James Yorkston – When the Haar Rolls In
A fabulous LP, possibly his best, certainly Incendiary’s favourite. And one people should listen to rather than pay lip service to. I get the feeling that a lot of people drop James Yorkston’s name but don’t play his LPs, it’s as if he’s become an institution through other people’s lethargy. Weird.
Onto the music. There’s an added richness and canniness to this LP that was only hinted at in previous releases; and a relaxed pace that suits his muse very well. The title track (for instance) is big enough in stature to encompass changes between quiet acoustic apologies to swirling instrumental breaks; and does so with a sleek ease. And of course, the lyrics are fabulous. Anyone who writes a line “And I busied myself with the flippancy of art” is bloody sharp.
It’s also his most overtly romantic LP; opener B’s Jig is a magnificently dreamy love song. Following that come the two tales of frustration, Tortoise Regrets Hare and Temptation, giving brilliant vent to Yorkston’s inner feelings, (I’ve always felt that behind the laid back exterior there was a passionate man).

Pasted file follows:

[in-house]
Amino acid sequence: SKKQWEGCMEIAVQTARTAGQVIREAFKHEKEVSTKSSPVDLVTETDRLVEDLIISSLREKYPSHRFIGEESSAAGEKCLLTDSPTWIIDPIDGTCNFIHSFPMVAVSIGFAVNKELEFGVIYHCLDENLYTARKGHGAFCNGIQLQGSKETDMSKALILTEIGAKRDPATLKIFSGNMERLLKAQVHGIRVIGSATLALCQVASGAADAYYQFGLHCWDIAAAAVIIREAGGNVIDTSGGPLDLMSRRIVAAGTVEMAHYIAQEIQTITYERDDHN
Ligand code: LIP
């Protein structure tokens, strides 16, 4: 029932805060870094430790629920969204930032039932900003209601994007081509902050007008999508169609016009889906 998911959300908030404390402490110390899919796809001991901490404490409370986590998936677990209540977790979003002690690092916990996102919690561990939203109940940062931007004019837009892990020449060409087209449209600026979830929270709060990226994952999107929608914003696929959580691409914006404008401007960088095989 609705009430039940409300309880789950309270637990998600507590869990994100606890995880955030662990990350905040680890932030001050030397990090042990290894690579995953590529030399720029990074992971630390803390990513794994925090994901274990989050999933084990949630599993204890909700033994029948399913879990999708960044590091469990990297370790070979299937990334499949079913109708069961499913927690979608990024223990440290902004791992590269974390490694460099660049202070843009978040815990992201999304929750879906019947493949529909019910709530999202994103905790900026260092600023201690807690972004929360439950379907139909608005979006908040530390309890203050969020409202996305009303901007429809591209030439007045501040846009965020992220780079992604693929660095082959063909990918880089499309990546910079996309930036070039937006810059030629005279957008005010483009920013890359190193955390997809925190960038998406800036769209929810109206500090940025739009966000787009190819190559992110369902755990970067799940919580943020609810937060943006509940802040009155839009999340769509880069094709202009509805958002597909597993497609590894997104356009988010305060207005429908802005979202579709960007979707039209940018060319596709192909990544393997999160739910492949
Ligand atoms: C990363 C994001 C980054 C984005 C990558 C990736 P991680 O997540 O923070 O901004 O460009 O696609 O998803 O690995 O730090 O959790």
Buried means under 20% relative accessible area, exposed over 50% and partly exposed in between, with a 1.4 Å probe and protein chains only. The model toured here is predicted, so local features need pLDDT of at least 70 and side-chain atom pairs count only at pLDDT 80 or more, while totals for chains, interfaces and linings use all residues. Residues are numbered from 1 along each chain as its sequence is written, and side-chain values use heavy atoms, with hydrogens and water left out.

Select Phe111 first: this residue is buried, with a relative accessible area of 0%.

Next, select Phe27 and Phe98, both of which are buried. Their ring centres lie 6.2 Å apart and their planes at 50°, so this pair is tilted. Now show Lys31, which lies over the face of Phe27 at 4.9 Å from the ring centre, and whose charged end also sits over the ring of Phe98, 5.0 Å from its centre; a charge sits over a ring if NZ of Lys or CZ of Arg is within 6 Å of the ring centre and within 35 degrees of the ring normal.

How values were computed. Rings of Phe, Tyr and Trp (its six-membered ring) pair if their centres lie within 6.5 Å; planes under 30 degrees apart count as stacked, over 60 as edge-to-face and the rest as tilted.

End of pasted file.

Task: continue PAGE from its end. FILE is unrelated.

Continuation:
I don’t know why but there’s a definite feel of the late 60s about When the Haar Rolls In, very Bert Jansch, very Bryter Later style Nick Drake; it’s music that is slightly fuzzy round the edges, romantic and pastoral (A Midnight Feast). Or maybe it’s the song lengths; a couple clock in at over 6 minutes, and the brilliant The Capture of the Horse takes a good 8 minutes of your time. Maybe it’s the cover. No matter, it suits him very well.
Bucolic melancholy is, of course, never far away (Queen of Spain); you couldn’t imagine Yorkston writing outside of a taproom, but he never over eggs this aspect of his music. Rather it’s a constant, silent companion.
A brilliant LP, ‘nuff said.
Words: Richard Foster